How and why butterflies keep their wings cool
They’re delicate, often beautiful, and also complex.
By Nick Carne
Butterflies regulate their wing temperatures through structural and behavioural adaptations, new research shows. And they need to.
Far from being colourful but lifeless membranes, the wings contain a network of cells that require a constrained range of temperatures for optimal performance, according to a team of US engineers, mathematicians and biologists led by Columbia University.
Writing in the journal Nature Communications, they describe how delicate wings with a small thermal capacity can both overheat rapidly in the sun and cool down too much while flying in a cold environment.
"Butterfly wings are essentially vector light-detecting panels by which butterflies can accurately determine the intensity and direction of sunlight, and do this swiftly without using their eyes," says Nanfang Yu, from Columbia Engineering.
By removing the wing scales to enable them to peer into the interior of the wings, then staining the neurons found within the wing, Yu and colleagues found that butterfly wings are a network of mechanical and temperature sensors.
They also discovered a "wing heart" that beats a few dozen times per minute to facilitate the directional flow of insect blood through a "scent pad" or an androconial organ located on the wings of some species.
"Most of the research on butterfly wings has focused on colours used in signalling between individuals," says Columbia biologist Naomi E Pierce. "This work shows that we should reconceptualise the butterfly wing as a dynamic, living structure rather than as a relatively inert membrane.
“Patterns observed on the wing may also be shaped in important ways by the need to modulate temperatures of living parts of the wing."
Yu's lab designed a non-invasive technique based on infrared hyperspectral imaging – with each pixel of an image representing one infrared spectrum – that enabled them to make accurate measurements of the temperature distributions over butterfly wings.
They then mimicked the butterflies' natural environment in the lab, allowing them to quantify the contributions of several factors to the wing temperature. These included the intensity of sunlight, the temperature of the terrestrial environment, and the "coldness" of the sky, which can serve as an efficient heat sink of thermal radiation from heated wings.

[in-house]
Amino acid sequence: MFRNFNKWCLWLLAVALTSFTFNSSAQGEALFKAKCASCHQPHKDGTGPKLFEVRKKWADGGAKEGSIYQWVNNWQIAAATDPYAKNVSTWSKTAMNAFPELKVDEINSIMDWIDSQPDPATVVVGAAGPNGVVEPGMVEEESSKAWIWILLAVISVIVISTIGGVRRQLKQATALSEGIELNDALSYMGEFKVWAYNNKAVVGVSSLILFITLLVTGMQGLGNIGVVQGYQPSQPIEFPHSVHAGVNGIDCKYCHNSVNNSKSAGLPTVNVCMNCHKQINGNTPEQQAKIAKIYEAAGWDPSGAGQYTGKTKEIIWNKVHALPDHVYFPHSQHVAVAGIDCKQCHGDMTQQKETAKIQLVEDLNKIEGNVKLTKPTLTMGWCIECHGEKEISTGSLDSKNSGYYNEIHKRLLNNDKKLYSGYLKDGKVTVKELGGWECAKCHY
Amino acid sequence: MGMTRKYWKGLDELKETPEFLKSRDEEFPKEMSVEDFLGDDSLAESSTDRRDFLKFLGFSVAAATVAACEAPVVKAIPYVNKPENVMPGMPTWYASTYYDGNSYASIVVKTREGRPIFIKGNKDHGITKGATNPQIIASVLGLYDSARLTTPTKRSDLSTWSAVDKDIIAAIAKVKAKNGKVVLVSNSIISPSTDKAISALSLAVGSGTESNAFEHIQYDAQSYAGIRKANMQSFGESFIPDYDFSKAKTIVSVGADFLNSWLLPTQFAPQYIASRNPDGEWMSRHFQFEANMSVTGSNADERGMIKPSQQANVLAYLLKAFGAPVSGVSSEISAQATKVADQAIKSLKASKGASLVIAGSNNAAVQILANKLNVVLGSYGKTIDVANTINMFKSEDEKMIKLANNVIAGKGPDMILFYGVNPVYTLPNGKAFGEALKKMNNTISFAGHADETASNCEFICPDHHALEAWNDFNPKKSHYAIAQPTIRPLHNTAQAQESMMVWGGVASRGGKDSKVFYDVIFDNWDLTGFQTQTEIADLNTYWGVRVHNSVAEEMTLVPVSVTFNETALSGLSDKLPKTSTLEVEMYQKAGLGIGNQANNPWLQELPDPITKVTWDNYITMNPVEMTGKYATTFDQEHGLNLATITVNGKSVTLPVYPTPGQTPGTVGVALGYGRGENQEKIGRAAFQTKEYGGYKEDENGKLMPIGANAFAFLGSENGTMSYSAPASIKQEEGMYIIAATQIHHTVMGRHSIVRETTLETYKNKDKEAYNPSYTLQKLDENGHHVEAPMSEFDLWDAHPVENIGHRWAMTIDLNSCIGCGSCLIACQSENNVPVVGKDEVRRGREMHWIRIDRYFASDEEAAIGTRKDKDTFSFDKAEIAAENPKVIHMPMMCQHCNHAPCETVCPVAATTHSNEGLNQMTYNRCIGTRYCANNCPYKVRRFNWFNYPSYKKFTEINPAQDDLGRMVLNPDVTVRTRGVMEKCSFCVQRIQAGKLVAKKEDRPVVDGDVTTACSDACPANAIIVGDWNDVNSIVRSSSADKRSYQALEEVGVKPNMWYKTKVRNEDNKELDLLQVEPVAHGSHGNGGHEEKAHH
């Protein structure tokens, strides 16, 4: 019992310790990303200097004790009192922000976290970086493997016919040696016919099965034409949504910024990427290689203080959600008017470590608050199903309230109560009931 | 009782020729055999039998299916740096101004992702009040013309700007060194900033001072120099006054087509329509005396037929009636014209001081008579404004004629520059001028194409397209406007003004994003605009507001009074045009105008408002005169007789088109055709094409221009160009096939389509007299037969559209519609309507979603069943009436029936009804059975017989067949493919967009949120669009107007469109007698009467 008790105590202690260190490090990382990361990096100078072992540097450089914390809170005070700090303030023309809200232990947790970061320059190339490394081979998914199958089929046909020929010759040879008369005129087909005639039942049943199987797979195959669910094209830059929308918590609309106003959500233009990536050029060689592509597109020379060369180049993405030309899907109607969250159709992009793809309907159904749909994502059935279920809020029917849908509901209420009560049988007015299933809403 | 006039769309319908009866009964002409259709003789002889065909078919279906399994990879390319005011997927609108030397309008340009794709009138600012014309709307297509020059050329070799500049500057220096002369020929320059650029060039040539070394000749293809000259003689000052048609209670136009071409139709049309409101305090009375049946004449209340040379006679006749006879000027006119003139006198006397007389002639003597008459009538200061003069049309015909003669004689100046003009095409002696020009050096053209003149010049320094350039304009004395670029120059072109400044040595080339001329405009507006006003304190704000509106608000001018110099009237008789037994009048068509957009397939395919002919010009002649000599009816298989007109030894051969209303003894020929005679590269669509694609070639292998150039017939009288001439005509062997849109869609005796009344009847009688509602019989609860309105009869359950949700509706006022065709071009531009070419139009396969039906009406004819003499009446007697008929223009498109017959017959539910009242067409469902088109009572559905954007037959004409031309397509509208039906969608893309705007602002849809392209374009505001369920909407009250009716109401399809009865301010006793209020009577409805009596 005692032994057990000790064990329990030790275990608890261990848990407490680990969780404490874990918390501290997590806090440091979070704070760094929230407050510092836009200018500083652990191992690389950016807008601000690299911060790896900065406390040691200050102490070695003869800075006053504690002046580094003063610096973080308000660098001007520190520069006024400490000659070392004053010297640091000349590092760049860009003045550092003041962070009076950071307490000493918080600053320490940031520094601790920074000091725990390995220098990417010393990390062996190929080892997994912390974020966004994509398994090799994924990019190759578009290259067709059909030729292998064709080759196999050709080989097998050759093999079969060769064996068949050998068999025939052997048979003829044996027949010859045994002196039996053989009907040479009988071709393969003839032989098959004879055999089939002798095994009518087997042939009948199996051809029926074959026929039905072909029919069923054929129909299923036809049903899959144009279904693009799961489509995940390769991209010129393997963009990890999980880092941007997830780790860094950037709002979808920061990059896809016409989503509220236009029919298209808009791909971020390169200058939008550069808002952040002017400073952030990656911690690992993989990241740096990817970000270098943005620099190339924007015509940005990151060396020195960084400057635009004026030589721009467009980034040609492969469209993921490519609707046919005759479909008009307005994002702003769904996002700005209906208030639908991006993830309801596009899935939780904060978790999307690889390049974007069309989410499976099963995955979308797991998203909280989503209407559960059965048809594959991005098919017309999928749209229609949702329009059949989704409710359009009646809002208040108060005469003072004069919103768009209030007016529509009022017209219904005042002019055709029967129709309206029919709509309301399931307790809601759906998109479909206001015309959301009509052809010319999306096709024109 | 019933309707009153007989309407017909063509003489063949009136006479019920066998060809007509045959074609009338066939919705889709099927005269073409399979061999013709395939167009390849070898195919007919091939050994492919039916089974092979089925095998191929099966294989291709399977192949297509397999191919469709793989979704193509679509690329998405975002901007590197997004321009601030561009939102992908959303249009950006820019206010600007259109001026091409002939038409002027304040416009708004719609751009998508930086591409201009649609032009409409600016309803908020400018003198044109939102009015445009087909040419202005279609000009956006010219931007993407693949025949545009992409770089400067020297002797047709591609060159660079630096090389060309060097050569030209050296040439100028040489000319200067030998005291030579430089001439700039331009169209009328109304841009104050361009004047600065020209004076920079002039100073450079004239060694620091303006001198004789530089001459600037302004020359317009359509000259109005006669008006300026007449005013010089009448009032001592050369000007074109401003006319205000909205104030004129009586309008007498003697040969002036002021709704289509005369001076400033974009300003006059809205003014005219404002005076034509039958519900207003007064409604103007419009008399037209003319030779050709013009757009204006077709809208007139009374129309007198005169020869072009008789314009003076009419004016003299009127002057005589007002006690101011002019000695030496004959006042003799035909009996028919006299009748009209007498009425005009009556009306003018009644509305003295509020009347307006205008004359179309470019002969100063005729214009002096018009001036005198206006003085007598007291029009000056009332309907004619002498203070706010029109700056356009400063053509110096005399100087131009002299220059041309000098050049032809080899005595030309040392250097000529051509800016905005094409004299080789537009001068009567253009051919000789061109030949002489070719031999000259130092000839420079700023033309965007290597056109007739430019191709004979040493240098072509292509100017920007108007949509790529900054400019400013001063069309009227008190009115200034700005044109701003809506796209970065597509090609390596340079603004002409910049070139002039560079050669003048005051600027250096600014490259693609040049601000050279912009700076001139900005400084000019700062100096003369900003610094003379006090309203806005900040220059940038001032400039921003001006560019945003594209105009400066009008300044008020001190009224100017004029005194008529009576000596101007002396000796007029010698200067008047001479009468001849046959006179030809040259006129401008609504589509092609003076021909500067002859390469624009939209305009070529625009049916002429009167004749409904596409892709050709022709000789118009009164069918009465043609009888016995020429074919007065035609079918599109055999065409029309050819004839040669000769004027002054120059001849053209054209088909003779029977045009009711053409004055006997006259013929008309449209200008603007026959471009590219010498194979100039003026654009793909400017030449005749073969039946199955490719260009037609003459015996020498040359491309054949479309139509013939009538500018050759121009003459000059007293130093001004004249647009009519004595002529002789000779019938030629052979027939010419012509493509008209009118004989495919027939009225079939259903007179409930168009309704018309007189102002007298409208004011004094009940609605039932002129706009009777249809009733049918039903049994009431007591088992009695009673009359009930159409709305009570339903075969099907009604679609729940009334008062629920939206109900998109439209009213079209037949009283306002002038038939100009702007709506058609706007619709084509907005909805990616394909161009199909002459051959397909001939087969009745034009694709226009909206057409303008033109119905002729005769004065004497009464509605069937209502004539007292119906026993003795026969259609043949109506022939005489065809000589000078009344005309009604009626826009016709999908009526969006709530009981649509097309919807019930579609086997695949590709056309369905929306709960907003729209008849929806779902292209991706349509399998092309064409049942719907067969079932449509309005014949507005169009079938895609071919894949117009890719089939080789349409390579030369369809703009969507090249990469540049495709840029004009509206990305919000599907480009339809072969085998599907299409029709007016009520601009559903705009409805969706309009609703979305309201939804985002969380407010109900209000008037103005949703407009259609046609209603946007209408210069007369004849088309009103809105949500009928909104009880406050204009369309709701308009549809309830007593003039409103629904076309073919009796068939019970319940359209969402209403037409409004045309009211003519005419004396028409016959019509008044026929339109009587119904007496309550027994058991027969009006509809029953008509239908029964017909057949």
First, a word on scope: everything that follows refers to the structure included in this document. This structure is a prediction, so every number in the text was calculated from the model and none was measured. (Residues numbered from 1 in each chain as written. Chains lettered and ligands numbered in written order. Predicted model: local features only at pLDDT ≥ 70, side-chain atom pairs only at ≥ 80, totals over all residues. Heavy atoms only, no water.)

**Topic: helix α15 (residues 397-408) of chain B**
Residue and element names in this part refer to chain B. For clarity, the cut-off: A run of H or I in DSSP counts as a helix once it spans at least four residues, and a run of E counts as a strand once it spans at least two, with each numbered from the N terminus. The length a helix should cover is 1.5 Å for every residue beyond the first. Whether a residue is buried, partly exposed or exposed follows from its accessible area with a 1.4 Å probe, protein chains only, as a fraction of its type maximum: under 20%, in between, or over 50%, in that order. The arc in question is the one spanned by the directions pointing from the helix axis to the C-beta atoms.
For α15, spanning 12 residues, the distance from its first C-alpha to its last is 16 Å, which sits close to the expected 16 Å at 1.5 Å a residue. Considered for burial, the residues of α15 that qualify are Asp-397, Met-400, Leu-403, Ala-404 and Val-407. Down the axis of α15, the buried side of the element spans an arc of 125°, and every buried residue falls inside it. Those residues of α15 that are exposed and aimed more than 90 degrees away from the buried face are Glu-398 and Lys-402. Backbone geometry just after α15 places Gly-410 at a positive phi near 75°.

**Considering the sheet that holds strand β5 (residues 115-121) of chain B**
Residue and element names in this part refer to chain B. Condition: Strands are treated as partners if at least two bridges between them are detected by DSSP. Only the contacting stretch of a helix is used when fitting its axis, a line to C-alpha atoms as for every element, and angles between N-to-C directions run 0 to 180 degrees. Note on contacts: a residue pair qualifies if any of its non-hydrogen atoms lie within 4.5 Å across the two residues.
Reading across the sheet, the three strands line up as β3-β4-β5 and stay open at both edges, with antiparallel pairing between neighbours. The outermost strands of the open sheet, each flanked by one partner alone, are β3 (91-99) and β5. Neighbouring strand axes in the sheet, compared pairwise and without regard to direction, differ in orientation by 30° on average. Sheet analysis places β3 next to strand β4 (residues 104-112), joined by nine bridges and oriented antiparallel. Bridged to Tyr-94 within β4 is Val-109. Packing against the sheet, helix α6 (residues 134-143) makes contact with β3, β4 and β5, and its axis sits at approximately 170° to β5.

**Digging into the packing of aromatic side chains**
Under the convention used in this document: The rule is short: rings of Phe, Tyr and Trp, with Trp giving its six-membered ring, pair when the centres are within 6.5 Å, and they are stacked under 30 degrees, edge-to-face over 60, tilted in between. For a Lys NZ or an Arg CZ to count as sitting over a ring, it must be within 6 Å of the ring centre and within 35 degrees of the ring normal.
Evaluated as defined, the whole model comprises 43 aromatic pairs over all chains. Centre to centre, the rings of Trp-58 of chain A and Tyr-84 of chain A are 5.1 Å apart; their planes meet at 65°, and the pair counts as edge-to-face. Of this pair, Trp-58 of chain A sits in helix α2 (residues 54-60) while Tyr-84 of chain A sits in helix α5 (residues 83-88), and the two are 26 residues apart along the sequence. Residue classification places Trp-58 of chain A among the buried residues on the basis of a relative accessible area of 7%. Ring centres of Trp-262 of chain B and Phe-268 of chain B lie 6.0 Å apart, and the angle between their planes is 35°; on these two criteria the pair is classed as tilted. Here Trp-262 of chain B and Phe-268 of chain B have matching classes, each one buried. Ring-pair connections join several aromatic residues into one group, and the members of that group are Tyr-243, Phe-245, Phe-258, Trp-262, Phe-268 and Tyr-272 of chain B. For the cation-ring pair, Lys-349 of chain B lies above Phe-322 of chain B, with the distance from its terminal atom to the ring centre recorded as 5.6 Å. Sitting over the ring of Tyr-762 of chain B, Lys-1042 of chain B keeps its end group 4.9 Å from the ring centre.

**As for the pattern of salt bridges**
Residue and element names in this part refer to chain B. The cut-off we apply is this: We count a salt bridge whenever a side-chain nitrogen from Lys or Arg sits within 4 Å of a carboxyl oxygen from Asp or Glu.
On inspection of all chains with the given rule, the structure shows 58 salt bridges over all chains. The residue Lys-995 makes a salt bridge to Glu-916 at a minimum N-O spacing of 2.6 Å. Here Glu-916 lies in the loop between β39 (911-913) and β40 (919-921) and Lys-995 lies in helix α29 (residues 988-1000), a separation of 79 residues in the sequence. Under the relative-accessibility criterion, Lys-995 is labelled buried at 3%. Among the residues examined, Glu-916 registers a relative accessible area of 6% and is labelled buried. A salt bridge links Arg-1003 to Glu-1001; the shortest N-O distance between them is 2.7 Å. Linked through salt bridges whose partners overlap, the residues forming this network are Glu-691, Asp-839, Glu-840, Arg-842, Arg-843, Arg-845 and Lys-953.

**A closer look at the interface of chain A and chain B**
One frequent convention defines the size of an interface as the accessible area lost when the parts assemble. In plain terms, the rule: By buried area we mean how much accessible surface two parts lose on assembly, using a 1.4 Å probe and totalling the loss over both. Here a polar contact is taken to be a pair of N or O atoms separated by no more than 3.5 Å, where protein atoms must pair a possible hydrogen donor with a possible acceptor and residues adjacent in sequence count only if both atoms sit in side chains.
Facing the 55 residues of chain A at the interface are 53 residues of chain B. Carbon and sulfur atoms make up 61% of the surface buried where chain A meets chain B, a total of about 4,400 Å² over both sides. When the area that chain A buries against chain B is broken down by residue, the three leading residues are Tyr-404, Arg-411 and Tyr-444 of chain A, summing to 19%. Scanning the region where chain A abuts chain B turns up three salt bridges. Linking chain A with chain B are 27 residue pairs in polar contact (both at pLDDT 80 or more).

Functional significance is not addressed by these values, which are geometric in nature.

They found that in all simulated environmental conditions, despite diverse visible colours and patterns, the areas of butterfly wings that contain live cells (wing veins and scent pads) are always cooler than the "lifeless" regions of the wing due to enhanced radiative cooling.
Behavioural studies of living butterflies from six of the seven recognised butterfly families, showed that they use their wings to sense the direction and intensity of sunlight – the main source of warmth or overheating – and to respond with specialised behaviours to prevent overheating or overcooling of their wings.
"Each wing of a butterfly is equipped with a few dozen mechanical sensors that provide real-time feedback to enable complex flying patterns," Yu says.
"This is an inspiration for designing the wings of flying machines: perhaps wing design should not be solely based on considerations of flight dynamics, and wings designed as an integrated sensory-mechanical system could enable flying machines to perform better in complex aerodynamic conditions."
Yu and Pierce are now conducting a large-scale systematic optical study of the collections in Harvard University's Museum of Comparative Zoology, which include thousands of individual specimens of hundreds of butterfly species across the entire phylogenetic tree.